Antibiotic tolerance and degradation capacity of the organic pollutant-degrading bacterium Rhodococcus biphenylivorans TG9T

Chungui Yu, Jean Armengaud, Ryan Andrew Blaustein, Kezhen Chen, Zhe Ye, Fengjun Xu, Jean Charles Gaillard, Zhihui Qin, Yulong Fu, Erica Marie Hartmann*, Chaofeng Shen

*Corresponding author for this work

Research output: Contribution to journalArticlepeer-review

5 Scopus citations


Antibiotics are ubiquitous in soil due to natural ecological competition, as well as emerging contaminants due to anthropogenic inputs. Under environmental factors like antibiotic stress, some bacteria, including those that degrade environmental pollutants, can enter a dormant state as a survival strategy, thereby limiting their metabolic activity and function. Dormancy has a critical influence on the degradative activity of bacteria, dramatically decreasing the rate at which they transform organic pollutants. To better understand this phenomenon in environmental pollutant-degrading bacteria, we investigated dormancy transitions induced with norfloxacin in Rhodococcus biphenylivorans TG9T using next-generation proteomics, proteogenomics, and additional experiments. Our results suggest that exposure to norfloxacin inhibited DNA replication, which led to damage to the cell. Dormant cells then likely triggered DNA repair, particularly homologous recombination, for continued survival. The results also indicated that substrate transport (ATP-binding cassette transporter), ATP production, and the tricarboxylic acid (TCA) cycle were repressed during dormancy, and degradation of organic pollutants was down-regulated. Given the widespread phenomenon of dormancy among bacteria involved in pollutant removal systems, this study improves our understanding of possible implications of antibiotic survival strategies on biotransformation of mixtures containing antibiotics as well as other organics.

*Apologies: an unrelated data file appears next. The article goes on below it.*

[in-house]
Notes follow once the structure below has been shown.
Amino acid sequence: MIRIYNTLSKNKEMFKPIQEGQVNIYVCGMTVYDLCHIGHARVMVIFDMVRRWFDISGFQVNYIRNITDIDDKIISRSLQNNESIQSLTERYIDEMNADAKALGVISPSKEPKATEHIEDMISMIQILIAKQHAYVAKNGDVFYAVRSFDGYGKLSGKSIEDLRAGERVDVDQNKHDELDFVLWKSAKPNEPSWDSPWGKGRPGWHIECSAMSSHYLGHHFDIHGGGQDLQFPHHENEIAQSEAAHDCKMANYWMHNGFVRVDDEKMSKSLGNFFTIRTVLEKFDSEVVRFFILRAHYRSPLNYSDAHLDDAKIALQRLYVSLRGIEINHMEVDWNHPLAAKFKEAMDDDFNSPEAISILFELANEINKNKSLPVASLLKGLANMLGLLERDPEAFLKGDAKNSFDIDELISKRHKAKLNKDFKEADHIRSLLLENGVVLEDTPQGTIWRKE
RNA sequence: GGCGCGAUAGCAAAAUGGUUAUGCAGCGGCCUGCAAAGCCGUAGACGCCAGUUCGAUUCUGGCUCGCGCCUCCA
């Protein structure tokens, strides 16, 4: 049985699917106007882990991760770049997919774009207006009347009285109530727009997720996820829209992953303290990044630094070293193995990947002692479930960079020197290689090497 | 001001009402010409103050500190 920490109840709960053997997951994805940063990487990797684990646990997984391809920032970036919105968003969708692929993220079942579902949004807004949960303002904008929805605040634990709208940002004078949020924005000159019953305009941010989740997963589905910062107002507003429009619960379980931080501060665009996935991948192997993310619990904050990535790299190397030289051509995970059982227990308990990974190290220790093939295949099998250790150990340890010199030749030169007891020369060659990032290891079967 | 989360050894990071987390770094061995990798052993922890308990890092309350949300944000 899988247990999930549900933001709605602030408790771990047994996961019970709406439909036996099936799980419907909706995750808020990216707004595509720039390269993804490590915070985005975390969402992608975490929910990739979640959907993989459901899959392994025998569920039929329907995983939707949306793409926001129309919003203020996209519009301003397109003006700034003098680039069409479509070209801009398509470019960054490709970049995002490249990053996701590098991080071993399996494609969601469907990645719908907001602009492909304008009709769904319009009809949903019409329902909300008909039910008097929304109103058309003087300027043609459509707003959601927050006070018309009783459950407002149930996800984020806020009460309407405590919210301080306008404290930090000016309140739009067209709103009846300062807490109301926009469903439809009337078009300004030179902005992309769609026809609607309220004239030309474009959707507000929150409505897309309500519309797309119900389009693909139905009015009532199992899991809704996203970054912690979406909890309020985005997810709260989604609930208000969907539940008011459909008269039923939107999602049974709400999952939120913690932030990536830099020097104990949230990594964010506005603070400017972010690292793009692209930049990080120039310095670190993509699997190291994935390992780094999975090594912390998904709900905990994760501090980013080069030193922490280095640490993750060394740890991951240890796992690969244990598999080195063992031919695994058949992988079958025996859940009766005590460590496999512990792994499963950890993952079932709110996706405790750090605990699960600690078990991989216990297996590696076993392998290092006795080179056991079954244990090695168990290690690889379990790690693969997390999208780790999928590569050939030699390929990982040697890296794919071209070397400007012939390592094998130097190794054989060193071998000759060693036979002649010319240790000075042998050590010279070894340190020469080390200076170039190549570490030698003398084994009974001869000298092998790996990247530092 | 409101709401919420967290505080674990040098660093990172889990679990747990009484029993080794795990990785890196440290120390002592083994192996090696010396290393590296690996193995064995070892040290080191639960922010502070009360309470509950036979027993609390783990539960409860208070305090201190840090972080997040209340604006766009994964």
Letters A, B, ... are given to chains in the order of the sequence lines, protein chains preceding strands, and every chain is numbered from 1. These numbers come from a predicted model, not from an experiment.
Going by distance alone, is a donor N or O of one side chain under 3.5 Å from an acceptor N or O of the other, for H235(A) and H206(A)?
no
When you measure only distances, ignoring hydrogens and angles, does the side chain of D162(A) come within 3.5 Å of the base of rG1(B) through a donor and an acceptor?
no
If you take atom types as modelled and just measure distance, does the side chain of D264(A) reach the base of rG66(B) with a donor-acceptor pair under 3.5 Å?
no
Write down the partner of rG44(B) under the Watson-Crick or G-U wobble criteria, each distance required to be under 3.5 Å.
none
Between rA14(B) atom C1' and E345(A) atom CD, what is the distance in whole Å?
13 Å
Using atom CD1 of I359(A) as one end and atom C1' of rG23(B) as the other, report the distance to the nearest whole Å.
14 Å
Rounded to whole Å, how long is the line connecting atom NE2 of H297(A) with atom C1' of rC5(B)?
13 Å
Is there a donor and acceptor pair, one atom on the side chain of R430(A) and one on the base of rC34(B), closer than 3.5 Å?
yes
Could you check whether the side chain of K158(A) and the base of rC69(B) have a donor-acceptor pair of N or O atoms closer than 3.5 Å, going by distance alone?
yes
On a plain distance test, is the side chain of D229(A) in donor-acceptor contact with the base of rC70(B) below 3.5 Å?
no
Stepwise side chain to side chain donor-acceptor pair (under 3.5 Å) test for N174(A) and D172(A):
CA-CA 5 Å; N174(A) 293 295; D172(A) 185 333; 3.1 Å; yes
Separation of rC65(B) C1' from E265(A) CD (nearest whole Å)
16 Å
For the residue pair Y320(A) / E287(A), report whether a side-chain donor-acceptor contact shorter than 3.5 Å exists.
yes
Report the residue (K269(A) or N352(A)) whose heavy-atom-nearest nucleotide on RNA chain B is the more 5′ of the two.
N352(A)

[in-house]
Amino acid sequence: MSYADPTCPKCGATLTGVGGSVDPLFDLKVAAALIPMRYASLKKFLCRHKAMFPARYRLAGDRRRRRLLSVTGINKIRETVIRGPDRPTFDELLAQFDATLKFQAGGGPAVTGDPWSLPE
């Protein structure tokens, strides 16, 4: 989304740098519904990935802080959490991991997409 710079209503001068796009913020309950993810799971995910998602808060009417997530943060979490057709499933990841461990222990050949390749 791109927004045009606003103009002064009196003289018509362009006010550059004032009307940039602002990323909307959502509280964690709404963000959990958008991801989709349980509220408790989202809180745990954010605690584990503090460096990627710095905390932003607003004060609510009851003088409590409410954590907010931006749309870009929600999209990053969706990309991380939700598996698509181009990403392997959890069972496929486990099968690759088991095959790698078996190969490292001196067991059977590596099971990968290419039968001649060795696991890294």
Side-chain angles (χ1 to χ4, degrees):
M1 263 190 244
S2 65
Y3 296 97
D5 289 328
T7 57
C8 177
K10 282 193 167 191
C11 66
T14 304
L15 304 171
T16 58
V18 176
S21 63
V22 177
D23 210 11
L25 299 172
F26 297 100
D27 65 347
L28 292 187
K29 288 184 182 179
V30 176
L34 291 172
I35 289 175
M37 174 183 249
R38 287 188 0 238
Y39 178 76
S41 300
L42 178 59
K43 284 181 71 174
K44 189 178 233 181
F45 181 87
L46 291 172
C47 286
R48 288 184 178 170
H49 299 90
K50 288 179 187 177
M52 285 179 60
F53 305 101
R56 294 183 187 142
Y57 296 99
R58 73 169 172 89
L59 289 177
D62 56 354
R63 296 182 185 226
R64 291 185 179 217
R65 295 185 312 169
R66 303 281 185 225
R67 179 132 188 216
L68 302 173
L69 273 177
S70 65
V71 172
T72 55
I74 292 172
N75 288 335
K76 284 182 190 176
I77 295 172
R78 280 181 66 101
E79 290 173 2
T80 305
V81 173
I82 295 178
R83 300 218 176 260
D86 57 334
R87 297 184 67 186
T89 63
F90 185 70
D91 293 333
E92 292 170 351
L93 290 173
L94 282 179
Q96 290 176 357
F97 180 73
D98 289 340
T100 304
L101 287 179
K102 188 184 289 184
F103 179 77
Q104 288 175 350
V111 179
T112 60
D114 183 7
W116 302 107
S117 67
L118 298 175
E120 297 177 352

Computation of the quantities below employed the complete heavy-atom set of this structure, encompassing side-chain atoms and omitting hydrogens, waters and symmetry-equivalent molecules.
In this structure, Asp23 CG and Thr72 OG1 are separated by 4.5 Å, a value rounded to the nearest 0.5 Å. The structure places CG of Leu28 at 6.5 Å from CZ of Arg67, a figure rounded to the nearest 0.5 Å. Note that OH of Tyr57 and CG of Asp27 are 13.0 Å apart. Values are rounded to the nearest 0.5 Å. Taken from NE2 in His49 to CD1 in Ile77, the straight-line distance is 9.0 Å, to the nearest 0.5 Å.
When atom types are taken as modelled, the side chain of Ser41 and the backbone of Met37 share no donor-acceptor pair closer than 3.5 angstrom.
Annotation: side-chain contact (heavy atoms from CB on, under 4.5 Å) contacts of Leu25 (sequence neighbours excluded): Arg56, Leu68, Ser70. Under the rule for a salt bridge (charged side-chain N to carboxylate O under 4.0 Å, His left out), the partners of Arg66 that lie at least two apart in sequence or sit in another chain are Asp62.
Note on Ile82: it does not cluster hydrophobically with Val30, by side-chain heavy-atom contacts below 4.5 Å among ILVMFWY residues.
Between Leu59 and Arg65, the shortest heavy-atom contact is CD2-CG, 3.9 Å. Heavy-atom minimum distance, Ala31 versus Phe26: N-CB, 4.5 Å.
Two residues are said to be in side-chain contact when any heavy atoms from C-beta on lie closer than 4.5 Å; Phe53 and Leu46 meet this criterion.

Original languageEnglish (US)
Article number127712
JournalJournal of Hazardous Materials
StatePublished - Feb 15 2022


  • Antibiotic tolerance
  • Degradation
  • Organic pollutants
  • Proteomics
  • Rhodococcus

ASJC Scopus subject areas

  • Environmental Engineering
  • Environmental Chemistry
  • Waste Management and Disposal
  • Pollution
  • Health, Toxicology and Mutagenesis


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